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Barbados

Caribbean islands, offshore banking, British heritage, Anglican churches, sugar plantations

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Barbados, an island country in the West Indies. It is the easternmost of the Caribbean islands, bordered on the east by the Atlantic Ocean. Barbados was a British colony for more than 300 years, until it gained independence from the United Kingdom in 1966. Signs of the British heritage are everywhere, from the island’s Anglican churches to the national sport of cricket. Today, most of the country’s inhabitants are descended from Africans brought to Barbados to work on sugar plantations. The capital, major city, and chief port is Bridgetown, located on the southwestern coast of Barbados.

Barbados is known for its white sand beaches and for the coral reefs that fringe the island on three sides. Sugarcane dominated the economy of Barbados for years, but tourism surpassed sugar in economic importance during the 1970s. Tourism has grown steadily in importance, and the island now ranks as one of the most popular destinations in the West Indies. The island’s government has also promoted Barbados as a site for offshore banking and information technology.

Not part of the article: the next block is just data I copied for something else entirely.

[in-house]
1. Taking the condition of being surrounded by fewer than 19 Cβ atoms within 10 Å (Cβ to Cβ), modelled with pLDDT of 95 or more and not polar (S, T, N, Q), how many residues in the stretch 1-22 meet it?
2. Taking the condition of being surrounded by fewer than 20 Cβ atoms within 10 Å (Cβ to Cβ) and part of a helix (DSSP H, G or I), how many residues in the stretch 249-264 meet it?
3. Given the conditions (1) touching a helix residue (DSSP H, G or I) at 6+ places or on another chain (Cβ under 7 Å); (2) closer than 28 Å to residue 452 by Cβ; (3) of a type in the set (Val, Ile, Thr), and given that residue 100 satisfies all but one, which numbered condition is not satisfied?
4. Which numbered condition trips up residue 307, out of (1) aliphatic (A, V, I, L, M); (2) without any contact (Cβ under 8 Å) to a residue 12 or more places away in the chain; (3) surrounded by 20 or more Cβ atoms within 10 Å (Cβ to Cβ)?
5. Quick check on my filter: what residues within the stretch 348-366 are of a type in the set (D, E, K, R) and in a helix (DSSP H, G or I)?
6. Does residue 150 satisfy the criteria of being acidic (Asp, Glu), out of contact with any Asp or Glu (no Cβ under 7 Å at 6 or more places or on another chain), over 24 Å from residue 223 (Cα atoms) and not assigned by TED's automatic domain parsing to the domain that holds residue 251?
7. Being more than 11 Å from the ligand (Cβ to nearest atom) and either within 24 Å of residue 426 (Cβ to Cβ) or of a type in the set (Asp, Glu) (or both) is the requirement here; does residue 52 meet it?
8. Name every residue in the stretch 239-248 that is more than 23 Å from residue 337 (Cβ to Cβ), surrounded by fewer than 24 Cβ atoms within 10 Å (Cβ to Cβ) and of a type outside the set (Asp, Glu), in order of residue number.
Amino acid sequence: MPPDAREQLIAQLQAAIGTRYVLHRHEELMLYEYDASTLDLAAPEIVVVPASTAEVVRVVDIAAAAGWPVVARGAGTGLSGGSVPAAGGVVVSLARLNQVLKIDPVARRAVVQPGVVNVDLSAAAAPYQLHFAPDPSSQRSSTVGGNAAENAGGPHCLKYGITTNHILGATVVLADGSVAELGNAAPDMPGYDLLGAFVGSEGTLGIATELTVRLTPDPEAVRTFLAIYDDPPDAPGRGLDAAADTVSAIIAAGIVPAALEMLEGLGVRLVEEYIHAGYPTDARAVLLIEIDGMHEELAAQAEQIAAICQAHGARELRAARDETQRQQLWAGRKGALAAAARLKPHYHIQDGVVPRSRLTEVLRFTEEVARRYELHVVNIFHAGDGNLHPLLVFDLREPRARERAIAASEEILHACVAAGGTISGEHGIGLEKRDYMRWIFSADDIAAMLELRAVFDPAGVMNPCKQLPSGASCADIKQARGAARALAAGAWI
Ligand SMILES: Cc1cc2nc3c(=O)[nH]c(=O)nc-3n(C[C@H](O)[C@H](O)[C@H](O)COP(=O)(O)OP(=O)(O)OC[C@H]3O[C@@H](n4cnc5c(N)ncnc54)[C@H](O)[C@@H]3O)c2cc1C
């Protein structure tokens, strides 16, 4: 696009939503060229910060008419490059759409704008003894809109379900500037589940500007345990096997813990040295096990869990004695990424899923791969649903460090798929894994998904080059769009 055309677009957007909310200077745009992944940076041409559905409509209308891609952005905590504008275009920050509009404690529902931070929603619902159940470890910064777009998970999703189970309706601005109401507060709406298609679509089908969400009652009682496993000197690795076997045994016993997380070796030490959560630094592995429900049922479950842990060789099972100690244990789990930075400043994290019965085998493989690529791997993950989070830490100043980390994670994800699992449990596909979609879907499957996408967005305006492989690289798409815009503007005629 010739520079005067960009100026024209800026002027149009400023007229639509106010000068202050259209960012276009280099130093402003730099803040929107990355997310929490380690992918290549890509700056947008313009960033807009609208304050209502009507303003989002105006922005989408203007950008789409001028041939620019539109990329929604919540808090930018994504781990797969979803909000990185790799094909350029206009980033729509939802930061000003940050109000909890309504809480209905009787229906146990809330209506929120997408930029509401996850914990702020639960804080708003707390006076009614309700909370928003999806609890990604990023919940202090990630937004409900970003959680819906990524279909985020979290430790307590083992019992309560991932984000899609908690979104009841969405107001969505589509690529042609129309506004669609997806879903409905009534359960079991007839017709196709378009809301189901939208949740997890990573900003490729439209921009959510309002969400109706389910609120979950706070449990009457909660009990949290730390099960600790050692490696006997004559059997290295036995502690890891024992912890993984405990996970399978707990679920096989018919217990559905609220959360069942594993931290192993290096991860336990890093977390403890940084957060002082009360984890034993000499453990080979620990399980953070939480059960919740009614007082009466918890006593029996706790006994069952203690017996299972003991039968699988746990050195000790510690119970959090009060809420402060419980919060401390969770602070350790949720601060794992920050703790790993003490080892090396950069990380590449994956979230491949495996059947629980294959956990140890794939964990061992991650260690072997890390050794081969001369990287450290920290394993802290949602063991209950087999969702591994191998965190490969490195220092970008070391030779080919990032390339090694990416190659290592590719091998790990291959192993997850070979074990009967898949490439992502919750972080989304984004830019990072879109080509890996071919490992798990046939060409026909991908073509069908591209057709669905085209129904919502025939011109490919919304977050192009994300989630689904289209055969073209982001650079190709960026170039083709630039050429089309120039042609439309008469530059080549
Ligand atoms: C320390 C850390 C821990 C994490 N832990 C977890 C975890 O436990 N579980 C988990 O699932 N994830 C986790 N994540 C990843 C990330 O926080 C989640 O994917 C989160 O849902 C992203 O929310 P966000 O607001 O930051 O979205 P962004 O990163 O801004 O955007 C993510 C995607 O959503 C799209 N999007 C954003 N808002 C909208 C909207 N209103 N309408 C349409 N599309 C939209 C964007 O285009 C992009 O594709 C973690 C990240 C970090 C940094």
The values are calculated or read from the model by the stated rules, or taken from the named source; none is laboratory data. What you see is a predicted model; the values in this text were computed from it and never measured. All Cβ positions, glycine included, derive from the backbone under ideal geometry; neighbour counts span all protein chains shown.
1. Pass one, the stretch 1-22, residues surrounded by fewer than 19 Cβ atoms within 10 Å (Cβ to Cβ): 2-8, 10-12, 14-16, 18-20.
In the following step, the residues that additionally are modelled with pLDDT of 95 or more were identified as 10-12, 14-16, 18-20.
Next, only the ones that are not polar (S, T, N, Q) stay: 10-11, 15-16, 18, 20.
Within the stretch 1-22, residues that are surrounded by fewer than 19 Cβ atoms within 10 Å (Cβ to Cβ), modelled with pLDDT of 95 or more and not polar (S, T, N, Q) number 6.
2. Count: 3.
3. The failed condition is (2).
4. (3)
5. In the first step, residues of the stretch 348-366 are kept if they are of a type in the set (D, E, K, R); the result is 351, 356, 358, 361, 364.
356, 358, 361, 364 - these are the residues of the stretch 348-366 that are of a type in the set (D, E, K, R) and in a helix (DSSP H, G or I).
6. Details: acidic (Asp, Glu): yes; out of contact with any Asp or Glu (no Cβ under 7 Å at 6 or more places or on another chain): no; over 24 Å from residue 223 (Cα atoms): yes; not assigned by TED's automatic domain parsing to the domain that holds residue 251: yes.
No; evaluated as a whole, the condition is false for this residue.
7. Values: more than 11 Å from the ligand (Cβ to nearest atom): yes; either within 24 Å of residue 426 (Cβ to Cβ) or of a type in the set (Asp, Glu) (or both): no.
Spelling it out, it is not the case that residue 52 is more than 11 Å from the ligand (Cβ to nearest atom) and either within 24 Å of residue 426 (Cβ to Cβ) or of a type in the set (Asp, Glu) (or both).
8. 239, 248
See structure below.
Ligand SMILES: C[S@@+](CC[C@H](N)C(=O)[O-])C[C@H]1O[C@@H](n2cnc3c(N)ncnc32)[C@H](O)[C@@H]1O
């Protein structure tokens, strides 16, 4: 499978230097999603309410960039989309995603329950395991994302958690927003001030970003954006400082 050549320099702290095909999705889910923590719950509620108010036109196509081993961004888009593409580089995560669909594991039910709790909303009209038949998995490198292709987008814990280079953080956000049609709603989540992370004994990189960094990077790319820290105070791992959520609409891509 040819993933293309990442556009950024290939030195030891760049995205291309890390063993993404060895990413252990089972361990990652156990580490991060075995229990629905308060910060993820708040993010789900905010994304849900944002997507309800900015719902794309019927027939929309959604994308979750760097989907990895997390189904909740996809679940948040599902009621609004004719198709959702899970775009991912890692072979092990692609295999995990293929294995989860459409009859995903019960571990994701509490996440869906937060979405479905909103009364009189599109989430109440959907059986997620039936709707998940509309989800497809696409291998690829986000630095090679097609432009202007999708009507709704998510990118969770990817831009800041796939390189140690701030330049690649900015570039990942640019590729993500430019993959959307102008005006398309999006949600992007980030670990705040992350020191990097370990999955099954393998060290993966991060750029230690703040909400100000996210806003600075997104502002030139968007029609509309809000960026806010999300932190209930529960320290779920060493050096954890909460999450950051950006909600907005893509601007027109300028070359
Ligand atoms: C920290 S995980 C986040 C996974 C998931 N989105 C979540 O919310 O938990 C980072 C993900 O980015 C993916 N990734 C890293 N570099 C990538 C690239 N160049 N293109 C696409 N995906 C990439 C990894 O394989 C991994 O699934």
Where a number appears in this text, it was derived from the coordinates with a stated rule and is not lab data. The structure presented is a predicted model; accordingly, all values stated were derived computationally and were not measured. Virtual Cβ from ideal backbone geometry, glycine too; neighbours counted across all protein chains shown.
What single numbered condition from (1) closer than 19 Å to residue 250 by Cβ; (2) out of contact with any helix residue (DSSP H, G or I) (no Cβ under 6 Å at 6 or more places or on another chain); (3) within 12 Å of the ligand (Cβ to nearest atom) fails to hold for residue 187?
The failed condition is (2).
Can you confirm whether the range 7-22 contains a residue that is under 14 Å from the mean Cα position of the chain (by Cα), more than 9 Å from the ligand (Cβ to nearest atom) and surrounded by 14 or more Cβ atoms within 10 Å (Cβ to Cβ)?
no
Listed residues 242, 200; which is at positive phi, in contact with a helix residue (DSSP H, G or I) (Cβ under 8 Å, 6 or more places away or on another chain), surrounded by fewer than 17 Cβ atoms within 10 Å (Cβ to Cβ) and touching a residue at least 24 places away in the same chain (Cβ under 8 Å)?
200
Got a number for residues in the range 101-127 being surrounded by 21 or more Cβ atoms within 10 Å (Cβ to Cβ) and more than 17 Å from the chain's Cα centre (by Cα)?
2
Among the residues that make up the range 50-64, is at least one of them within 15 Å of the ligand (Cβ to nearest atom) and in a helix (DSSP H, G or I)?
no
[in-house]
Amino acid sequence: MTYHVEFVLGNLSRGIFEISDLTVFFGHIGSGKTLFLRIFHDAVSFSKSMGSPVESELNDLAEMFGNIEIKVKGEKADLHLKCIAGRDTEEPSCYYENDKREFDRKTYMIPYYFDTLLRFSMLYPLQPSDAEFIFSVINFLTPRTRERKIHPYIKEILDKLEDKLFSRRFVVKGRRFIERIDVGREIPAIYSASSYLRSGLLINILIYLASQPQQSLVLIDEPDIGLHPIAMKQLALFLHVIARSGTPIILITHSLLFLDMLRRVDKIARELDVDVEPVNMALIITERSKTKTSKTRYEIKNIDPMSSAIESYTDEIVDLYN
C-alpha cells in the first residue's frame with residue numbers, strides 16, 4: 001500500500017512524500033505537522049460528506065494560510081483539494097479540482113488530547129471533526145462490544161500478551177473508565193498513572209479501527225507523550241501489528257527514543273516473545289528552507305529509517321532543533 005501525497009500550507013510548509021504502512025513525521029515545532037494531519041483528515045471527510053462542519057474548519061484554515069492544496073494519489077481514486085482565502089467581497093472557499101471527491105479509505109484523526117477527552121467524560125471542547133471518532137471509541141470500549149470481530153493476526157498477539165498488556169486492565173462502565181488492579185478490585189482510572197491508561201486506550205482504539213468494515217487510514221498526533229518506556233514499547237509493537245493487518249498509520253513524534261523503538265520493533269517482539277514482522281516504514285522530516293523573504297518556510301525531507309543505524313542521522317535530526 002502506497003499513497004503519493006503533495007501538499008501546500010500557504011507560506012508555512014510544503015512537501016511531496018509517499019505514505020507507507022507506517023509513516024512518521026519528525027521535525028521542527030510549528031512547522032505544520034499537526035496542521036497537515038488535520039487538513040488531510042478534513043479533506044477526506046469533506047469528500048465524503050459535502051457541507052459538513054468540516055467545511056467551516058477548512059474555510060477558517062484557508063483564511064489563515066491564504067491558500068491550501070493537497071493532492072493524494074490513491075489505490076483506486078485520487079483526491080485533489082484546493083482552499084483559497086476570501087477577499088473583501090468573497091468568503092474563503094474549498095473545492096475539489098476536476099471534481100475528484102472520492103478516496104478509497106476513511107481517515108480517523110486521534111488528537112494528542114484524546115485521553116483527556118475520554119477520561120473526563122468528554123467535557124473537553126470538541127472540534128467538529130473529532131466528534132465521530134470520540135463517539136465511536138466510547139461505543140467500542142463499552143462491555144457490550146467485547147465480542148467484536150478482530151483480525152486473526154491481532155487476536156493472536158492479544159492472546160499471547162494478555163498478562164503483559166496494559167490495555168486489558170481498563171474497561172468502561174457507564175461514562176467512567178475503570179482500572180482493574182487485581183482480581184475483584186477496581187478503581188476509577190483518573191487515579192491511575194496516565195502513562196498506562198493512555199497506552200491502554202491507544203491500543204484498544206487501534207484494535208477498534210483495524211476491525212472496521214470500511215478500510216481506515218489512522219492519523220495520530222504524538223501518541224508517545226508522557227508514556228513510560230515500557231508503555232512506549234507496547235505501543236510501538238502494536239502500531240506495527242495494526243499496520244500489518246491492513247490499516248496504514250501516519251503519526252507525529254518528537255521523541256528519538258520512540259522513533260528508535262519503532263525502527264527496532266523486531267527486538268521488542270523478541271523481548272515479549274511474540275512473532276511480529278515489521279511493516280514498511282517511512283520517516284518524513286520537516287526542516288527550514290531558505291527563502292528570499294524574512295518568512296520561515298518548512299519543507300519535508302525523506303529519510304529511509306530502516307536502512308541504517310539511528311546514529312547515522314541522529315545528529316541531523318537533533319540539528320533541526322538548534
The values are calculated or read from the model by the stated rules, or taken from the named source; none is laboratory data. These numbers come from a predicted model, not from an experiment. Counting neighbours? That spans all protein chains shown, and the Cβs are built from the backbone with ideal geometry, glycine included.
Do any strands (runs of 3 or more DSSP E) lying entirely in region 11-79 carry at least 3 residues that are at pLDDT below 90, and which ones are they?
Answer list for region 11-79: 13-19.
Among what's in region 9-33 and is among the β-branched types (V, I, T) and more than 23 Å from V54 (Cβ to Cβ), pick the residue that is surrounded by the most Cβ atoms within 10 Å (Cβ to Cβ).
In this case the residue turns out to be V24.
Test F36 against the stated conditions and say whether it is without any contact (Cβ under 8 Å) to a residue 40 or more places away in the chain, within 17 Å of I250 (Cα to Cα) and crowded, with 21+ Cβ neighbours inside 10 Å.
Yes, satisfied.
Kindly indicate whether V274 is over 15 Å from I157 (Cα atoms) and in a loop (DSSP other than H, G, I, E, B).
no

Sources

Barbados

Beckles, Hilary. A History of Barbados: From Amerindian Society to Nation State. Cambridge University Press, 1990.

LaBrucherie, Roger A. Barbados: A World Apart. Imagenes, 1993. A photographic journey that covers Barbados history, culture, people, flora and fauna, and scenery.

Levy, Claude. Emancipation, Sugar, and Federalism: Barbados and the West Indies, 1833-1876. University Press of Florida, 1980. The transition from slavery to freedom for Barbadian blacks.

Western, John. A Passage to England: Barbadian Londoners Speak of Home. University of Minnesota Press, 1992.

Contributors

Microsoft ® Encarta ® 2009. © 1993-2008 Microsoft Corporation.



Article key phrases:

Caribbean islands, offshore banking, British heritage, Anglican churches, sugar plantations, coral reefs, island country, Sugarcane, Bridgetown, British colony, West Indies, economic importance, Africans, white sand beaches, Atlantic Ocean, major city, fringe, inhabitants, capital, United Kingdom, information technology, Signs, independence, sides, government, tourism, east, site, years

 
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